A molecular switch could hold the key to a personalized cell replacement therapy for diabetes. Both Type 1 and Type 2 diabetes are characterized by an inability to produce (or process) insulin, which is required to regulate blood sugar levels. This has been linked to malfunctioning or failing beta cells in the pancreas, but so far scientists have struggled to produce effective replacement cells in the lab. Now a team at Salk Institute believes the problem has been solved.

The Salk scientists found a protein switch – one of several transcription factors in a beta cell – called ERR-gamma that makes the lab-grown cells more responsive to glucose and gets them releasing insulin at a normal rate. This ERR-gamma switch appears to be the master regulator for maturing glucose-responsive beta cells.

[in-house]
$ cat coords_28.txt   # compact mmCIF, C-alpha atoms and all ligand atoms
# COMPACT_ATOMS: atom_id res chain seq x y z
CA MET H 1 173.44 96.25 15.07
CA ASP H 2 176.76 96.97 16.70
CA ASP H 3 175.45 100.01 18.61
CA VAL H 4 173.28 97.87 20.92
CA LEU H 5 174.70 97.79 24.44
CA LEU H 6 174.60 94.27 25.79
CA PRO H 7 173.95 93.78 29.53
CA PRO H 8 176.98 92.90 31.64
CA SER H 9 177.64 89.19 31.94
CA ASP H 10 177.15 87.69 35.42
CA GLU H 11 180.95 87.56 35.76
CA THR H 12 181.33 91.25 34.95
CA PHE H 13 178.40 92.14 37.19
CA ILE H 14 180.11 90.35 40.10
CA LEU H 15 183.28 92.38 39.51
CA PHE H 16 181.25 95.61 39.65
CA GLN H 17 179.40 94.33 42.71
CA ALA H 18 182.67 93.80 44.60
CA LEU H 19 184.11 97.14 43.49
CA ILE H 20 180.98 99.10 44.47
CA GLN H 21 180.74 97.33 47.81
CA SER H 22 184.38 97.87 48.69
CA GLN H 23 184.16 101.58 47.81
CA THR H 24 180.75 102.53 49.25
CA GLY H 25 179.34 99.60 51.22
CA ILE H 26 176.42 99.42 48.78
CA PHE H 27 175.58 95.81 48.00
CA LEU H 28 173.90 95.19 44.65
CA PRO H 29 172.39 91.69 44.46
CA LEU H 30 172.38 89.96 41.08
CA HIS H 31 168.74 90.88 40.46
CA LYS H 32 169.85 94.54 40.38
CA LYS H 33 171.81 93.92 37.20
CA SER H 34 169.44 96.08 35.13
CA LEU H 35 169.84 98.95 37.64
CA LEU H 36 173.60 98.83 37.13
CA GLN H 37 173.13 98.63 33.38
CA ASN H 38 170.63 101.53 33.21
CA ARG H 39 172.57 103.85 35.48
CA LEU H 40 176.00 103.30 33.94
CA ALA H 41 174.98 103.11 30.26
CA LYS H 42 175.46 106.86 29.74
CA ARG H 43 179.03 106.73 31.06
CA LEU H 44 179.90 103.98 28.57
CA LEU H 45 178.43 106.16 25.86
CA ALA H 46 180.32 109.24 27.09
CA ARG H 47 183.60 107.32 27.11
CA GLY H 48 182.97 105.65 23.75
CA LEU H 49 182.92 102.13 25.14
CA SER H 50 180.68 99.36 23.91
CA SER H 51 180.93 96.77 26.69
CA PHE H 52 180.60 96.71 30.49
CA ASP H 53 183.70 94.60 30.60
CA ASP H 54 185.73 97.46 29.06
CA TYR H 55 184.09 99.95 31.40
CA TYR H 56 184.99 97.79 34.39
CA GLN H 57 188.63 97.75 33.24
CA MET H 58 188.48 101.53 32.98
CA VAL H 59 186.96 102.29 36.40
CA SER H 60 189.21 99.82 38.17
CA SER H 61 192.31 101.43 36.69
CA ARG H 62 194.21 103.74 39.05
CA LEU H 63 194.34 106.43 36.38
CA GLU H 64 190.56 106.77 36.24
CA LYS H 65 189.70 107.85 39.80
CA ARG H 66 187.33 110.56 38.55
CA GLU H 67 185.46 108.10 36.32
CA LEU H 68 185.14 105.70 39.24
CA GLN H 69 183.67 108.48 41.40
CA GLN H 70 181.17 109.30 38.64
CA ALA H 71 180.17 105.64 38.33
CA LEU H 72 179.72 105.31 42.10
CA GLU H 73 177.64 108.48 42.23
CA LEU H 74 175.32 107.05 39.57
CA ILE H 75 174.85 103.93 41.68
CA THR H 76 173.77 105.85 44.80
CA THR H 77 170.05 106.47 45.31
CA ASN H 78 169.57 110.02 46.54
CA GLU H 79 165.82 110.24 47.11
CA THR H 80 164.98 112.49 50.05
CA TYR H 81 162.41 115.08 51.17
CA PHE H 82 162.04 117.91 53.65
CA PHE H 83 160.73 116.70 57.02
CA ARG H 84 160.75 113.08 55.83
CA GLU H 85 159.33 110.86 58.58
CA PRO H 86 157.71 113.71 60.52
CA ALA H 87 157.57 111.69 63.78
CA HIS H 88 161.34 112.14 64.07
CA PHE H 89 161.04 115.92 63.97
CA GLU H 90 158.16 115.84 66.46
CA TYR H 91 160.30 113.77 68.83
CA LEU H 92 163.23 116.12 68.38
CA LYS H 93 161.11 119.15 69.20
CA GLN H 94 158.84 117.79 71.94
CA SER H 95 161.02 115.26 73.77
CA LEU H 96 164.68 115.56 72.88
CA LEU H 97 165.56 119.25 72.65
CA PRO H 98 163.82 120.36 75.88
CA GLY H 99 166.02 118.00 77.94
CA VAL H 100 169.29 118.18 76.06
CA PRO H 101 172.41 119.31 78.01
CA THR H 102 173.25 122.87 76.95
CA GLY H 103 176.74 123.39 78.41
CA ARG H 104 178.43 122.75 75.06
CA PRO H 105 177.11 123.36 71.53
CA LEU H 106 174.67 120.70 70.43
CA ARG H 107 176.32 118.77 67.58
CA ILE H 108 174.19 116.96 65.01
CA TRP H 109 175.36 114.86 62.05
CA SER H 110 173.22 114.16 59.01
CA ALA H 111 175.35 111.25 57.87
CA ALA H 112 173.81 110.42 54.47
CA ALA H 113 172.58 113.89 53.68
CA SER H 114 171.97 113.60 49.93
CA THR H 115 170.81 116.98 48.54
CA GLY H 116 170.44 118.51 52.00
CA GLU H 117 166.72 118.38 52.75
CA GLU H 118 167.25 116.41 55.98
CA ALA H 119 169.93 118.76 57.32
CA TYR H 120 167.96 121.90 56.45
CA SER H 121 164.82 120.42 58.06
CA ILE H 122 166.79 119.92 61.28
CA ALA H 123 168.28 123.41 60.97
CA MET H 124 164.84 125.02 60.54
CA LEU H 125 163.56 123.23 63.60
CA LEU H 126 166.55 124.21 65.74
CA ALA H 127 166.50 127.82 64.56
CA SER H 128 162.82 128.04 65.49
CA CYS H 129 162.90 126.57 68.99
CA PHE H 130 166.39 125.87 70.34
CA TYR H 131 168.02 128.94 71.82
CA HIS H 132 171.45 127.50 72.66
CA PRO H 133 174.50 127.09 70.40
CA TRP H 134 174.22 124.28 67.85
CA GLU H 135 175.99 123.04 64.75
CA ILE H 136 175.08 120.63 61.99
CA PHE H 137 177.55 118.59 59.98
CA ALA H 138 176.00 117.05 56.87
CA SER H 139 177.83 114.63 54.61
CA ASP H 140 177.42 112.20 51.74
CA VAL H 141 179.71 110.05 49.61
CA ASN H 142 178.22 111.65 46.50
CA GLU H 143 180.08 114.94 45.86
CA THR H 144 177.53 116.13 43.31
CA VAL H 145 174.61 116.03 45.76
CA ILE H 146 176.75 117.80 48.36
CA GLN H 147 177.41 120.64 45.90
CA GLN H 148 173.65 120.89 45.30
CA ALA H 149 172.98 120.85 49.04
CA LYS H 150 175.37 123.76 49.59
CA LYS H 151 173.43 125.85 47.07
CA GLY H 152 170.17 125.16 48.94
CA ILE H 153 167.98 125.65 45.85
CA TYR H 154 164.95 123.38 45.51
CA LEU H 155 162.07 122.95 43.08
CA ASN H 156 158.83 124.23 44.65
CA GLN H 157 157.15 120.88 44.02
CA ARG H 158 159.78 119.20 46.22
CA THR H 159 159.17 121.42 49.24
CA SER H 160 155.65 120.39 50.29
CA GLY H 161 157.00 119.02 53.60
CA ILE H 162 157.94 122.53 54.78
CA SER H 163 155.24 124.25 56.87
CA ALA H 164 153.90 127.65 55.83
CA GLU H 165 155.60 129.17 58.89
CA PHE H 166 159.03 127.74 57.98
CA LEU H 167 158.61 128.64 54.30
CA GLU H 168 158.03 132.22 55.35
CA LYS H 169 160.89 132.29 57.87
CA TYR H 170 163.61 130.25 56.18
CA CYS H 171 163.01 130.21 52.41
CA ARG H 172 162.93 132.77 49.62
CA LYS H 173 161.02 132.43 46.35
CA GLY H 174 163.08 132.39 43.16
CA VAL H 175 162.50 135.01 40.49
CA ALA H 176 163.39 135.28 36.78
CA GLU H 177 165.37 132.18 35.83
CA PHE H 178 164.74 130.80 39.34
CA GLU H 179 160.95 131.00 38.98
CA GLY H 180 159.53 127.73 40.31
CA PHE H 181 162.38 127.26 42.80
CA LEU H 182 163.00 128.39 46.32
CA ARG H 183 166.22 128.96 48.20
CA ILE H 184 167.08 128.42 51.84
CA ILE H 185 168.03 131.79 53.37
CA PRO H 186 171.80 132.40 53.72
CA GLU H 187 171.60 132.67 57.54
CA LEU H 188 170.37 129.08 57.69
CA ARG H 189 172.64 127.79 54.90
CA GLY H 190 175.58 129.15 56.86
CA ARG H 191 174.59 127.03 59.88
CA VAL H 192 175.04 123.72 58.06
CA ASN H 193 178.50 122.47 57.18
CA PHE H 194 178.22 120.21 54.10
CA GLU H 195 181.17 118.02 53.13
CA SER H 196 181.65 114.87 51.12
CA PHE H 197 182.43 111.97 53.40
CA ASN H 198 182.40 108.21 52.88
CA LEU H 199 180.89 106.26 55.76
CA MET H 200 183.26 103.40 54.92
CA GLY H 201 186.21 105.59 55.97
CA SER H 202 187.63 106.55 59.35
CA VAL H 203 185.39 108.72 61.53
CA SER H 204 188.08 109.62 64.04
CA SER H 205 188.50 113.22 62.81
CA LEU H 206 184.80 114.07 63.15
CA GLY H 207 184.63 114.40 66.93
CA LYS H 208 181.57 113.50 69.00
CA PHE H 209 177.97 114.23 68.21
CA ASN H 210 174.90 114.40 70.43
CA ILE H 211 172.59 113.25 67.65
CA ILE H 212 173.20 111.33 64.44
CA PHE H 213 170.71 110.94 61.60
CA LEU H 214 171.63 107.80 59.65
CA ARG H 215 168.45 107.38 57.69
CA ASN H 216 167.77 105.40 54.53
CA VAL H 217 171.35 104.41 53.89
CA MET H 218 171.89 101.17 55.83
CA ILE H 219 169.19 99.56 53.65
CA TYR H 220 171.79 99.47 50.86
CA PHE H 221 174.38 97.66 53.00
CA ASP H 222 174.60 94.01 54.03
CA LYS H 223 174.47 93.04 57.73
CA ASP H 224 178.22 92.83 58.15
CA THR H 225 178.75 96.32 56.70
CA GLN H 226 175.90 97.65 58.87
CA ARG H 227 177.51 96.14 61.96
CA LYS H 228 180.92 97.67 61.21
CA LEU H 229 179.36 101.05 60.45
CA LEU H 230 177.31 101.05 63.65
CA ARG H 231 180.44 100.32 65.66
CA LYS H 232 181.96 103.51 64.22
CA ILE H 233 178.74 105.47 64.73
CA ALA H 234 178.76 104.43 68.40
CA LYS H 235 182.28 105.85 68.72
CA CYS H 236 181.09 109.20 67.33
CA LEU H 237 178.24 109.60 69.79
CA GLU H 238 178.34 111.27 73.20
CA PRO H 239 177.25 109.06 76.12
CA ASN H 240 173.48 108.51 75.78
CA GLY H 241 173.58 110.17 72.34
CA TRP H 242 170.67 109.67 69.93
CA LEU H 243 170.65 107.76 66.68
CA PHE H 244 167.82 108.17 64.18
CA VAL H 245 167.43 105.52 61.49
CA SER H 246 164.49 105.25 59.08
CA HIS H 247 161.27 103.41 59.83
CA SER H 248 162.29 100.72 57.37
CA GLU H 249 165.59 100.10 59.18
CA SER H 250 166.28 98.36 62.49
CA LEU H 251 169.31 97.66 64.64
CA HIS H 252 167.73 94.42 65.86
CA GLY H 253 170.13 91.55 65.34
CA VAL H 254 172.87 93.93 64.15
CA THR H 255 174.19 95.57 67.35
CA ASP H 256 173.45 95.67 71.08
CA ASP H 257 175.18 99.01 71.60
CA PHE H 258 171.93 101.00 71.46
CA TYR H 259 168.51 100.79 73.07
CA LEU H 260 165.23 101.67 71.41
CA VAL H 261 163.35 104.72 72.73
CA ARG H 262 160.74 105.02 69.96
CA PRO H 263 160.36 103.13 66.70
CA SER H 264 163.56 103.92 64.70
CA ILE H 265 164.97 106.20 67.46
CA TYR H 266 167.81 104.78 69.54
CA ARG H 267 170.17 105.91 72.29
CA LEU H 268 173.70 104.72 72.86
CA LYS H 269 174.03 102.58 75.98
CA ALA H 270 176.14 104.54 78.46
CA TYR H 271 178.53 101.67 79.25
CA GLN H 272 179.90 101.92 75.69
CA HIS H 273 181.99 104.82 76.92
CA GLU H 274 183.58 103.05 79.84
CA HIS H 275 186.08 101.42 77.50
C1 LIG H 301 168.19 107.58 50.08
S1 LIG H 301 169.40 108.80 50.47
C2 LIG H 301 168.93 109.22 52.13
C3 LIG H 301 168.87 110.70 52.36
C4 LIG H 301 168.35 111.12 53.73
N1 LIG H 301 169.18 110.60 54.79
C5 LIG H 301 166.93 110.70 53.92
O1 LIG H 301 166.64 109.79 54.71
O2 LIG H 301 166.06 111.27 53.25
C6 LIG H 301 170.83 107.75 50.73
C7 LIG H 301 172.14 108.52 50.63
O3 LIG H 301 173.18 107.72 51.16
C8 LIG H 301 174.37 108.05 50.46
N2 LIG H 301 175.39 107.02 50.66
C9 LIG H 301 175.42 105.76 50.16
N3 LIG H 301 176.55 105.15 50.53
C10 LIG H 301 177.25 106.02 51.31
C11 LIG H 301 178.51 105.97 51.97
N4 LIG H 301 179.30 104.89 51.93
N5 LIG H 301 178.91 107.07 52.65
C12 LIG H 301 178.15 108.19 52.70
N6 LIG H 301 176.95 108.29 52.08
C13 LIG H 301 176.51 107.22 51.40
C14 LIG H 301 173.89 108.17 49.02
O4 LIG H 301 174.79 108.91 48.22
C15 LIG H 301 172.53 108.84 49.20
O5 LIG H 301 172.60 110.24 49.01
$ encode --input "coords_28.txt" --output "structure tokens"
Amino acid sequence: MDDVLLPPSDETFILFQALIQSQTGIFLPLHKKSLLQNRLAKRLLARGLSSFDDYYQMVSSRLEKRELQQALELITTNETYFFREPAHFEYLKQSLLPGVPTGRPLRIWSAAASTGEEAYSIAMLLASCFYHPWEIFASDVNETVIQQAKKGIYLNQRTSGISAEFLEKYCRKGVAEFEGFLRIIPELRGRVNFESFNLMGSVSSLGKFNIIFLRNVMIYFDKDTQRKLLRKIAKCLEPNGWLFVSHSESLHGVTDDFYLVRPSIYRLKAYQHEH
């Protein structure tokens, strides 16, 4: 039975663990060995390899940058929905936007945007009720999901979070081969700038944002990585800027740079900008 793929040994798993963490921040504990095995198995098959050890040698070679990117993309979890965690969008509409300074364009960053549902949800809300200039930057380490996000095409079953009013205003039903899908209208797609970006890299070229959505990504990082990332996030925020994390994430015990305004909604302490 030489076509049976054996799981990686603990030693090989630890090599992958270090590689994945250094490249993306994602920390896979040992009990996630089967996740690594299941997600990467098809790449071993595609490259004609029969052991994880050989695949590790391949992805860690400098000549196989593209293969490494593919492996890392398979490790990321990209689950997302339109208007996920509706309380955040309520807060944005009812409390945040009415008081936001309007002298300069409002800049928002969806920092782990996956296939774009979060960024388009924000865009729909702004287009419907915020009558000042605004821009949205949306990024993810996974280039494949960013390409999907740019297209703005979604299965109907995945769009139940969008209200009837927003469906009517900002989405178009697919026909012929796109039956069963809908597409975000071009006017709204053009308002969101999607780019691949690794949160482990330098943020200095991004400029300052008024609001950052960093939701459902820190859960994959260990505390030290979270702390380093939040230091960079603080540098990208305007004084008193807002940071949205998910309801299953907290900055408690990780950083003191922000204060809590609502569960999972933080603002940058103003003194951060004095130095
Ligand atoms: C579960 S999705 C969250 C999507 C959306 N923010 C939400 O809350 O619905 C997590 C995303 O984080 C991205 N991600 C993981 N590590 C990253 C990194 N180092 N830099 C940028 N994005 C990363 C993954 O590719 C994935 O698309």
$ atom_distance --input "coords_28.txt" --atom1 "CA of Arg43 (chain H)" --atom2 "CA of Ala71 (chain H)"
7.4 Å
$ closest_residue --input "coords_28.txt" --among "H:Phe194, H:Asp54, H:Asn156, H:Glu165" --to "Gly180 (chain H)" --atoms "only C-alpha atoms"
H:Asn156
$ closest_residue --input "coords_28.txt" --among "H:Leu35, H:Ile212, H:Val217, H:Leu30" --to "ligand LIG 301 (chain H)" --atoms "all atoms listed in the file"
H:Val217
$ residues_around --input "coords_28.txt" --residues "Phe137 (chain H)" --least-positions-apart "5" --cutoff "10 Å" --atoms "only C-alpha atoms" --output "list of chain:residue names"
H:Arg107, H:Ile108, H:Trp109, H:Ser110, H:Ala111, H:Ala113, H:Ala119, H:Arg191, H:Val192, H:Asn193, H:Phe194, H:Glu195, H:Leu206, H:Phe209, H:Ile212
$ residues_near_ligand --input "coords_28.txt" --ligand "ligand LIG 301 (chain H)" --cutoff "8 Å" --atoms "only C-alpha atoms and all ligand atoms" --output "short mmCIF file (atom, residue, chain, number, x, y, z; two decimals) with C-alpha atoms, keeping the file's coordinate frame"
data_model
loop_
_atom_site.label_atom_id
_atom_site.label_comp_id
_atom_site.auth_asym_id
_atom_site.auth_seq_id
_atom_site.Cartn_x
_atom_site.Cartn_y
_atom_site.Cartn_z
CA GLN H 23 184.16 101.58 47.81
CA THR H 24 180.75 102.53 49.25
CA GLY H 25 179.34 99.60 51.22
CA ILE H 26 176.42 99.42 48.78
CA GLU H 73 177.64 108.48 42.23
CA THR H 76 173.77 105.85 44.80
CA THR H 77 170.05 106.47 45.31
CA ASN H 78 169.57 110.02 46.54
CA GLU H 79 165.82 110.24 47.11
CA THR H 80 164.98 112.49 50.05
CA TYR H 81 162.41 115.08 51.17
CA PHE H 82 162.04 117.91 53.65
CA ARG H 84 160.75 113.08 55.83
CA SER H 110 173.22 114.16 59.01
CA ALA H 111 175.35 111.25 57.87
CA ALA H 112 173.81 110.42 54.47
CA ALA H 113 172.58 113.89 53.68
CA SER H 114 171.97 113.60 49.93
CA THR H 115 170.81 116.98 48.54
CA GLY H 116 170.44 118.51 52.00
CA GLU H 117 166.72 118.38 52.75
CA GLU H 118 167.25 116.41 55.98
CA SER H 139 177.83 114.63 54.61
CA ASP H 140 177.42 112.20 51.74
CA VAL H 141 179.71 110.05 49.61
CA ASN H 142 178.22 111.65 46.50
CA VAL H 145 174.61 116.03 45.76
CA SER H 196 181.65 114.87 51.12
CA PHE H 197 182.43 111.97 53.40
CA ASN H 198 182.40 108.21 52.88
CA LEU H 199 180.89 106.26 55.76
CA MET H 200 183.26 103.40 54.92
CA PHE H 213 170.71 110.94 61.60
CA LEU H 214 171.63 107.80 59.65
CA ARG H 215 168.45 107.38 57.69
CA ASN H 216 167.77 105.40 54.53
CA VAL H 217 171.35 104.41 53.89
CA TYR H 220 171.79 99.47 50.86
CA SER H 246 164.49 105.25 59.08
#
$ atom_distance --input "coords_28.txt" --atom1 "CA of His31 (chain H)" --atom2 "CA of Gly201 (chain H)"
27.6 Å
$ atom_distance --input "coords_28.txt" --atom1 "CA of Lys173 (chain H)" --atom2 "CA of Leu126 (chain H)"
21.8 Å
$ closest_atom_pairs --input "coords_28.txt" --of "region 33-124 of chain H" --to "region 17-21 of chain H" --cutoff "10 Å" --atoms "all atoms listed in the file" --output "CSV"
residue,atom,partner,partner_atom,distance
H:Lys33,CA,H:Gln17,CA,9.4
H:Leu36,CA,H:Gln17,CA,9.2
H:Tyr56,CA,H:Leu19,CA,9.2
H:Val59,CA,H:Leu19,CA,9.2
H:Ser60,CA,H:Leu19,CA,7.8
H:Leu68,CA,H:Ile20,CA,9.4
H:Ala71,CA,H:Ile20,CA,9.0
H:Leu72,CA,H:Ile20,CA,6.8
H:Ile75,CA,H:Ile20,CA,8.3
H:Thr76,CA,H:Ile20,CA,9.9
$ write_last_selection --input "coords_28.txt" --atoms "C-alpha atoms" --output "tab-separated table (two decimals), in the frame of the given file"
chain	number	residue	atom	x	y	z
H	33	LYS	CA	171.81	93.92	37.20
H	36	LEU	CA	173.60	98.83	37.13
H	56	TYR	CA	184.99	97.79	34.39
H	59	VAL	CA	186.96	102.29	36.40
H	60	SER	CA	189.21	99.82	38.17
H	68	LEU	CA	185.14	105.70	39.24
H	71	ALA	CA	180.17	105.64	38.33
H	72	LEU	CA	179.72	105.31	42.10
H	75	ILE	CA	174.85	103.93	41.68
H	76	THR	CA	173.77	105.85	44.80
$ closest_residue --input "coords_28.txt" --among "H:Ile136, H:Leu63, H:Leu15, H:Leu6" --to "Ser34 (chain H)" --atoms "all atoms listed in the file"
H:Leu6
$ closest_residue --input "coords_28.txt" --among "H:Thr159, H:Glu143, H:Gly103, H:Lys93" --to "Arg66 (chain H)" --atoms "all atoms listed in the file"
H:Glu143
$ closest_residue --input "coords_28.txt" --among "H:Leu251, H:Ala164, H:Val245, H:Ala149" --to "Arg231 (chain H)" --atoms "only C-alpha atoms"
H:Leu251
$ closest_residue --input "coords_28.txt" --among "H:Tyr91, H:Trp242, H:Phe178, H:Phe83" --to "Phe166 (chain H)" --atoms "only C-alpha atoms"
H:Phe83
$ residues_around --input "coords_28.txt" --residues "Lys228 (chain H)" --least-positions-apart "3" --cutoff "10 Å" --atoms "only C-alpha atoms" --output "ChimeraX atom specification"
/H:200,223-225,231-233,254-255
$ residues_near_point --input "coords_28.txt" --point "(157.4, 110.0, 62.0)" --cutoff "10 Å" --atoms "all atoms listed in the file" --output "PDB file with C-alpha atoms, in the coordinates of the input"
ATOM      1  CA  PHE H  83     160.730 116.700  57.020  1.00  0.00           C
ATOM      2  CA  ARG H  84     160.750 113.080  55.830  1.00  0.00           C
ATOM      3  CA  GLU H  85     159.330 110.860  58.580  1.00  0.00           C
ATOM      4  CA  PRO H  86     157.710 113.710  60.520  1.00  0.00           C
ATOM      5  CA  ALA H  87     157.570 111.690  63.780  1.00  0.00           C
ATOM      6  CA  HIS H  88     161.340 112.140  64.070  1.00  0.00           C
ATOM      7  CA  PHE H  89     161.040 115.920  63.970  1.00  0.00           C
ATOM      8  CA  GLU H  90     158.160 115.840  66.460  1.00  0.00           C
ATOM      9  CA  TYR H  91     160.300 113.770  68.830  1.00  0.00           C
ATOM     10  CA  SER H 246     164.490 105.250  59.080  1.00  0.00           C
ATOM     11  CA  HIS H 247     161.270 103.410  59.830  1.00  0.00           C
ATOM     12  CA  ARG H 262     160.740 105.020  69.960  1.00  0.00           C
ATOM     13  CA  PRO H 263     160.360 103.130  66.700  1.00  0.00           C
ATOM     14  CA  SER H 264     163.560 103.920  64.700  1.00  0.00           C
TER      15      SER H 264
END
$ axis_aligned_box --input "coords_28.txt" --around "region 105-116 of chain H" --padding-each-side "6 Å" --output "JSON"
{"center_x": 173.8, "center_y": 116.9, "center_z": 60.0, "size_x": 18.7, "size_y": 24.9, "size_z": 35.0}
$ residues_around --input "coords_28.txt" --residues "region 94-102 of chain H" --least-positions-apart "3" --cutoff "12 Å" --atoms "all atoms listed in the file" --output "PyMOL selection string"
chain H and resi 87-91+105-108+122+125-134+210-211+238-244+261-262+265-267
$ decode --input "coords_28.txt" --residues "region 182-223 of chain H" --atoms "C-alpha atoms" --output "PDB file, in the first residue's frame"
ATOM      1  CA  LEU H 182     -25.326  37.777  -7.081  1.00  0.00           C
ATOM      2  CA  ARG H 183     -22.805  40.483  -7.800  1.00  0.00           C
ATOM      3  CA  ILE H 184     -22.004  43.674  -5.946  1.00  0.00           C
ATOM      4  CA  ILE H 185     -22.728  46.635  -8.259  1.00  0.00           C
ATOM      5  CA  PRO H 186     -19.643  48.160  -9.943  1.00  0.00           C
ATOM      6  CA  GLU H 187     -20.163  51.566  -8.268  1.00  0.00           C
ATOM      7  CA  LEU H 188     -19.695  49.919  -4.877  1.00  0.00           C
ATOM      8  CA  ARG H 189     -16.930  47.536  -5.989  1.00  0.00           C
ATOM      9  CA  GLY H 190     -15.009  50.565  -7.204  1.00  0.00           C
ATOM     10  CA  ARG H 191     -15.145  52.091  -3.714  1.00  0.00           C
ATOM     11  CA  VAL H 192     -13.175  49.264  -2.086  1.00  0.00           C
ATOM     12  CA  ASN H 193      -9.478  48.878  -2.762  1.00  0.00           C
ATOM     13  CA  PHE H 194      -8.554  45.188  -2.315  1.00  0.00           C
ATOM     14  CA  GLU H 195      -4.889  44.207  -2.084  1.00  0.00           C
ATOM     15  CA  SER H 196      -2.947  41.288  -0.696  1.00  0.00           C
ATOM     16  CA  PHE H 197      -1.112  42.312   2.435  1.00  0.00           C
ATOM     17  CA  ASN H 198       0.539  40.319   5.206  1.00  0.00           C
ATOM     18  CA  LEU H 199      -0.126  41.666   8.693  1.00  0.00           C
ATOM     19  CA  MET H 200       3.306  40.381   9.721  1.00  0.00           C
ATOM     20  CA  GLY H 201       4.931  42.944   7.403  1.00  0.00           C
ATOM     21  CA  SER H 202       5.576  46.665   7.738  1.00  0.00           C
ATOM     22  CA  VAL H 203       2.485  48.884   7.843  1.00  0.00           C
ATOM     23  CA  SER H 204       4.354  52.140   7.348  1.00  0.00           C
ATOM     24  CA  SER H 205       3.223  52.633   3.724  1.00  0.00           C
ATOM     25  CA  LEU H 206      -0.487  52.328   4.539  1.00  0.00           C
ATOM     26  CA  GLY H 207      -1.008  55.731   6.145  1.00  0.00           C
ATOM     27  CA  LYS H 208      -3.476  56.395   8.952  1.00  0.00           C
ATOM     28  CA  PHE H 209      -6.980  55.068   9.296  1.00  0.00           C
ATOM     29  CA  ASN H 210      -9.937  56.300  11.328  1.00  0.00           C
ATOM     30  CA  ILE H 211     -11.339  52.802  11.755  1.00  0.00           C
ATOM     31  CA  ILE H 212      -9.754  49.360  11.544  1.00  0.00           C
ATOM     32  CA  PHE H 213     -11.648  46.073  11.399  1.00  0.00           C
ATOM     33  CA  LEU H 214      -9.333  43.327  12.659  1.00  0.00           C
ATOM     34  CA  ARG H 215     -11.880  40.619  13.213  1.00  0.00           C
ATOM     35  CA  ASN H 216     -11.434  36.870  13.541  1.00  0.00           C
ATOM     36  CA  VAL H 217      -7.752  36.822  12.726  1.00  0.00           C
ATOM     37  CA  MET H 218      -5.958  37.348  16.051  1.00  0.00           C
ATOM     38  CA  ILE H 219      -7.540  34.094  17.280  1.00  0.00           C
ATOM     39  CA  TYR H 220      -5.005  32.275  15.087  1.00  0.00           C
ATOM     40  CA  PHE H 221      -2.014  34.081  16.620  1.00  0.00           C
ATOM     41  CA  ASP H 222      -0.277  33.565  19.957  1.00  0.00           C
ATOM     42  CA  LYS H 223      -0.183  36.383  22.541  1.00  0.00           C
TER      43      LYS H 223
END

To test the discovery, the researchers transplanted mature lab-grown beta cells into Type 1 diabetic mice, with the ERR-gamma protein switched on. Two months after transplantation, around half of the diabetic mice showed normal (non-diabetic) blood glucose levels.

The research holds great hope for treatment of human diabetes. If the ERR-gamma treatment bears out in further tests and human trials, it may one day be possible to grow insulin-producing beta cells from pluripotent stem cells taken from individual patients.

In other words, this discovery could lead to a new personalized therapy for diabetes that promises, under a best case scenario, to allow Type 1 diabetics to control diabetic blood sugar levels without constant insulin injections and maybe even to eliminate the disease entirely in some patients.

A paper describing the research was published in the journal Cell Metabolism.

View gallery - 3 images